Gene expression profiling of skeletal myogenesis in human embryonic stem cells reveals a potential cascade of transcription factors regulating stages of myogenesis, including quiescent/activated satellite cell-like gene expression

Autoři: Michael Shelton aff001;  Morten Ritso aff002;  Jun Liu aff001;  Daniel O’Neil aff001;  Avetik Kocharyan aff001;  Michael A. Rudnicki aff002;  William L. Stanford aff001;  Ilona S. Skerjanc aff001;  Alexandre Blais aff001
Působiště autorů: Department of Biochemistry, Microbiology, and Immunology, Faculty of Medicine, University of Ottawa, Ottawa, Ontario, Canada aff001;  Sprott Center for Stem Cell Research, Ottawa Hospital Research Institute, Regenerative Medicine Program, Ottawa, Ontario, Canada aff002;  Department of Cellular and Molecular Medicine, Faculty of Medicine, University of Ottawa, Ottawa, Ontario, Canada aff003;  Ottawa Institute of Systems Biology, University of Ottawa, Ottawa, Ontario, Canada aff004;  Department of Medicine, Faculty of Medicine, University of Ottawa, Ottawa, Ontario, Canada aff005
Vyšlo v časopise: PLoS ONE 14(9)
Kategorie: Research Article
doi: 10.1371/journal.pone.0222946


Human embryonic stem cell (hESC)-derived skeletal muscle progenitors (SMP)—defined as PAX7-expressing cells with myogenic potential—can provide an abundant source of donor material for muscle stem cell therapy. As in vitro myogenesis is decoupled from in vivo timing and 3D-embryo structure, it is important to characterize what stage or type of muscle is modeled in culture. Here, gene expression profiling is analyzed in hESCs over a 50 day skeletal myogenesis protocol and compared to datasets of other hESC-derived skeletal muscle and adult murine satellite cells. Furthermore, day 2 cultures differentiated with high or lower concentrations of CHIR99021, a GSK3A/GSK3B inhibitor, were contrasted. Expression profiling of the 50 day time course identified successively expressed gene subsets involved in mesoderm/paraxial mesoderm induction, somitogenesis, and skeletal muscle commitment/formation which could be regulated by a putative cascade of transcription factors. Initiating differentiation with higher CHIR99021 concentrations significantly increased expression of MSGN1 and TGFB-superfamily genes, notably NODAL, resulting in enhanced paraxial mesoderm and reduced ectoderm/neuronal gene expression. Comparison to adult satellite cells revealed that genes expressed in 50-day cultures correlated better with those expressed by quiescent or early activated satellite cells, which have the greatest therapeutic potential. Day 50 cultures were similar to other hESC-derived skeletal muscle and both expressed known and novel SMP surface proteins. Overall, a putative cascade of transcription factors has been identified which regulates four stages of myogenesis. Subsets of these factors were upregulated by high CHIR99021 or their binding sites were significantly over-represented during SMP activation, ranging from quiescent to late-activated stages. This analysis serves as a resource to further study the progression of in vitro skeletal myogenesis and could be mined to identify novel markers of pluripotent-derived SMPs or regulatory transcription/growth factors. Finally, 50-day hESC-derived SMPs appear similar to quiescent/early activated satellite cells, suggesting they possess therapeutic potential.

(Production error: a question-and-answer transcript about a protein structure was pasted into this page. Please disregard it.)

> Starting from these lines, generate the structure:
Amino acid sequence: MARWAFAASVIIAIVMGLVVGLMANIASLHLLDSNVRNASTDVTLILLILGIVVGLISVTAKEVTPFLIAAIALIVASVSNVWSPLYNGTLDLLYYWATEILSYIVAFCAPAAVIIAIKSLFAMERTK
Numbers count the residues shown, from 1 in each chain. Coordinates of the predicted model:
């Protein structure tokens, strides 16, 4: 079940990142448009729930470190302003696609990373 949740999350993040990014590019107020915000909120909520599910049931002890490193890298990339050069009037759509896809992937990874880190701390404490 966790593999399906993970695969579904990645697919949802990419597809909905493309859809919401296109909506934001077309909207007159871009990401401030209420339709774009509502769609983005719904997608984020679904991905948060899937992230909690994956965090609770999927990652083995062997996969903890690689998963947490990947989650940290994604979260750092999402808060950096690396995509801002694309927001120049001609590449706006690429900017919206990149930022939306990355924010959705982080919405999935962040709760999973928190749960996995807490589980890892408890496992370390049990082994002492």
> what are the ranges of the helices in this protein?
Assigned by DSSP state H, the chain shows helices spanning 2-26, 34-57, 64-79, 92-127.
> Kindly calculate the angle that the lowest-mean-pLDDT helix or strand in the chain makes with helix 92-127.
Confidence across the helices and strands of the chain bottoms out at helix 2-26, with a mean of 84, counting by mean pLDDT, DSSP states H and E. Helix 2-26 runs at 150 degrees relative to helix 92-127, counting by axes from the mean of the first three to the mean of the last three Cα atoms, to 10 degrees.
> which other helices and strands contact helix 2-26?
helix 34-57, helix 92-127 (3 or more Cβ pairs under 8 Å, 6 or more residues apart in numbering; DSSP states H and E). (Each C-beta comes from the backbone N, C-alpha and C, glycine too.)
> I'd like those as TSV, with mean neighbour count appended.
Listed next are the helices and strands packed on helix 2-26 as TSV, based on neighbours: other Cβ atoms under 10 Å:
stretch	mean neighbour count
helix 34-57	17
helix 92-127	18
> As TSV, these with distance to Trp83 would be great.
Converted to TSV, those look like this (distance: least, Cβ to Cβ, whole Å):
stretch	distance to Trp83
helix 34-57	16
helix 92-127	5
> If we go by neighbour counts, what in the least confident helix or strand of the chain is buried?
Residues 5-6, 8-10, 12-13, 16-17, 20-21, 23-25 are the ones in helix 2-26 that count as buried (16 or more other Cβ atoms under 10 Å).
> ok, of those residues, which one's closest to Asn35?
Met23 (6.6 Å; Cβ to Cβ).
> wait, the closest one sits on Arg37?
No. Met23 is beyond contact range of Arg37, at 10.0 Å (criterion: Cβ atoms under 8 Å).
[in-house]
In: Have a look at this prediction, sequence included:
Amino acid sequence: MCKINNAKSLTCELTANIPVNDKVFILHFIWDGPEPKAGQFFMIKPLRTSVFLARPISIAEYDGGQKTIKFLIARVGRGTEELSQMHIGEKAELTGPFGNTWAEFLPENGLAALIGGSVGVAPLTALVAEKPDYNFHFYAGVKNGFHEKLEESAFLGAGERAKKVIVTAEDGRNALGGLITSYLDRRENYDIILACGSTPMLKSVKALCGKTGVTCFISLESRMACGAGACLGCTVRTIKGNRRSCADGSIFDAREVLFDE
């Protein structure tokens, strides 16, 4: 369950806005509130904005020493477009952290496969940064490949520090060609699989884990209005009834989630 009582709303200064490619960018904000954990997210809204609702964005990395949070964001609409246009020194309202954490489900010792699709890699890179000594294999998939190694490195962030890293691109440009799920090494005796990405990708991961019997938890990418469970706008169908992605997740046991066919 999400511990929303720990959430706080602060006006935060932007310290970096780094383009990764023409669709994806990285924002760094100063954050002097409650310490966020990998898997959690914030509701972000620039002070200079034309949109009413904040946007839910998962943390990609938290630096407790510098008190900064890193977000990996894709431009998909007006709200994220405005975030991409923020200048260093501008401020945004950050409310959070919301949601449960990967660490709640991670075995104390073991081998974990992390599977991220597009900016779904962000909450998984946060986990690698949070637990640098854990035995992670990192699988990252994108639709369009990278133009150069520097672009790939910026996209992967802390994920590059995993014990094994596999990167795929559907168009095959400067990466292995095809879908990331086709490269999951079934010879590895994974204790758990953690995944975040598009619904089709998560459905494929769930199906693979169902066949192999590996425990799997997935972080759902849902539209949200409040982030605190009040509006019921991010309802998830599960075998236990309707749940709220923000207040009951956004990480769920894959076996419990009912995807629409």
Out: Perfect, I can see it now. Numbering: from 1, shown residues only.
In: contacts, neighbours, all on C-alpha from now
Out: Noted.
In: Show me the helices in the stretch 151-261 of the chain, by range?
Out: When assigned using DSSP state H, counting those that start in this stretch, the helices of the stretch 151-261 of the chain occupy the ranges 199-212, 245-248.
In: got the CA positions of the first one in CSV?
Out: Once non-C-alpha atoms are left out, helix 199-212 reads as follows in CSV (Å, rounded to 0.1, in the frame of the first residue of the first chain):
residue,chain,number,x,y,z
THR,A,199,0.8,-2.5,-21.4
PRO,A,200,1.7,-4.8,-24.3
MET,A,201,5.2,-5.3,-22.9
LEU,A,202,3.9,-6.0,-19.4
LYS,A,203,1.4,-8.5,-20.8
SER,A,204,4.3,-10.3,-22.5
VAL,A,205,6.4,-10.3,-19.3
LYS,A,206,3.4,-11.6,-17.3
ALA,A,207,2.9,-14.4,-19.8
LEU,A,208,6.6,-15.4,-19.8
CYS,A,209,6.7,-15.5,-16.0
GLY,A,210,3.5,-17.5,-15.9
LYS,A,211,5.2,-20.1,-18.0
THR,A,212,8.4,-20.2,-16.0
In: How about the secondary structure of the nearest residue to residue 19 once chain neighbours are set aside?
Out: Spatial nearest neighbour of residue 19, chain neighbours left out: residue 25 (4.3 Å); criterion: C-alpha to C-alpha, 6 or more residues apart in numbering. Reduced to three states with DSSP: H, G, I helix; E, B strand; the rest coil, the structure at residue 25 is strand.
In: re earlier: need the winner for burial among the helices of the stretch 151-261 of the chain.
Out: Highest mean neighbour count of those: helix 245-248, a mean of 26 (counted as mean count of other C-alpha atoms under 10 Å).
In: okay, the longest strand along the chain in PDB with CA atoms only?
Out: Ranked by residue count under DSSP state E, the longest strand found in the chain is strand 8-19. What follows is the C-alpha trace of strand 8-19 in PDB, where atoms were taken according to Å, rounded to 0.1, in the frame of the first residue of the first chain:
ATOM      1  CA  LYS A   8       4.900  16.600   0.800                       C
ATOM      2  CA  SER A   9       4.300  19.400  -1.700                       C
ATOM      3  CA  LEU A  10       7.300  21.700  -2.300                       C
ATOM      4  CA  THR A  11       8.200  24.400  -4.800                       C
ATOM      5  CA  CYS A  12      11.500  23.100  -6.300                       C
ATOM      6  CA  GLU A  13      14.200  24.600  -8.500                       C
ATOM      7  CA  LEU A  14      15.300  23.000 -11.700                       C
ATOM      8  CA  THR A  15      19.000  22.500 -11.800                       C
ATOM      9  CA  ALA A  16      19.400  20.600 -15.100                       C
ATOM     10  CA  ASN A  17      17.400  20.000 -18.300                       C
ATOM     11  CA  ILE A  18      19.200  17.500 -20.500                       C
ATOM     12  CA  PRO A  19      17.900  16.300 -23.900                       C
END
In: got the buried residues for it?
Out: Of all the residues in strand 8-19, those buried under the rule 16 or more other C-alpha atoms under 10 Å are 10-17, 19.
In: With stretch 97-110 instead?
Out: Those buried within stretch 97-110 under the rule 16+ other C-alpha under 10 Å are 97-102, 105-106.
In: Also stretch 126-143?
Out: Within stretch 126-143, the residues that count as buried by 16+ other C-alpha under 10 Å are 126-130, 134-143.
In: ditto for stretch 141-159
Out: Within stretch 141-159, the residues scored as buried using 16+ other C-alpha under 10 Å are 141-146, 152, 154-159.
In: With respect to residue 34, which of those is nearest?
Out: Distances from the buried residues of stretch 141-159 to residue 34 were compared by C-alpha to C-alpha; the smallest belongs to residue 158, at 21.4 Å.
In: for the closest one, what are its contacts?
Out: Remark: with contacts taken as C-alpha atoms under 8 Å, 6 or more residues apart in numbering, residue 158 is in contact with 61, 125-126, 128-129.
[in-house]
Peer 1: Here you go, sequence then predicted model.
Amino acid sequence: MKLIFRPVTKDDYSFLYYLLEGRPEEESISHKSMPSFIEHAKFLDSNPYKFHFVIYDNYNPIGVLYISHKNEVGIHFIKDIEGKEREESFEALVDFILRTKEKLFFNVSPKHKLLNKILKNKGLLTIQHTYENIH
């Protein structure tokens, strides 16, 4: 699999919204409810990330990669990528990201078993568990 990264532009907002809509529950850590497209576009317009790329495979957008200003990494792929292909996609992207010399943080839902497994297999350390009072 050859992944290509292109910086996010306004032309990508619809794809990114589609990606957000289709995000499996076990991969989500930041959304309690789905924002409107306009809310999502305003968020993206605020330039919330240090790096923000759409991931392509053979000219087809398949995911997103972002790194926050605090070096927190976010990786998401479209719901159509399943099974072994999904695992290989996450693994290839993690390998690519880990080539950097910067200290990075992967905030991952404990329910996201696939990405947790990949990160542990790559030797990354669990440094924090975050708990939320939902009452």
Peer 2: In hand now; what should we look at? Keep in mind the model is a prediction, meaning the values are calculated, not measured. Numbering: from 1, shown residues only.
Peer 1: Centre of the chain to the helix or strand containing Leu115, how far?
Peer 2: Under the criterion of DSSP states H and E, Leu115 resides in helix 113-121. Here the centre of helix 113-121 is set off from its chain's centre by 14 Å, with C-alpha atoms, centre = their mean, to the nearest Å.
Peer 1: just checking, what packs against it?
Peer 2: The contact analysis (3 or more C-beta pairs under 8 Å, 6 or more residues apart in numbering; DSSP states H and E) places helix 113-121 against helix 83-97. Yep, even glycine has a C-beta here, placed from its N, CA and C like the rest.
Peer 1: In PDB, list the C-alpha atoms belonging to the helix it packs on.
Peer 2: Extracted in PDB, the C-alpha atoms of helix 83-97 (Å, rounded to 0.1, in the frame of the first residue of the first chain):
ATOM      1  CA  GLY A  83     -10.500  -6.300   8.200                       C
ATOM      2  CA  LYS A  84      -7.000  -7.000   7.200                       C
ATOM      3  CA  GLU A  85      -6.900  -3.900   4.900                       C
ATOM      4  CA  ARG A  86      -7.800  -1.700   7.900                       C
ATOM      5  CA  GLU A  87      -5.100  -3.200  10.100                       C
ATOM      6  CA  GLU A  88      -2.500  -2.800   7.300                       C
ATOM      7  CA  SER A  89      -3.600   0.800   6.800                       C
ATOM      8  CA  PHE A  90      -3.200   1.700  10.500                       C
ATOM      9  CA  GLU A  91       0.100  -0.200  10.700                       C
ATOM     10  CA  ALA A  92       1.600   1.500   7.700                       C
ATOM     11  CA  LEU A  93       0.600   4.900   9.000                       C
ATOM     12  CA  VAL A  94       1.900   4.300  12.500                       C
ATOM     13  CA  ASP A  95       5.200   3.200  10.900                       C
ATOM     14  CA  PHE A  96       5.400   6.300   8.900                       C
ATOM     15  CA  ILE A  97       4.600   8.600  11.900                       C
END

Klíčová slova:

Cell differentiation – Gene expression – Skeletal muscles – TGF-beta signaling cascade – Transcription factors – Muscle differentiation – Mesoderm – Pluripotency


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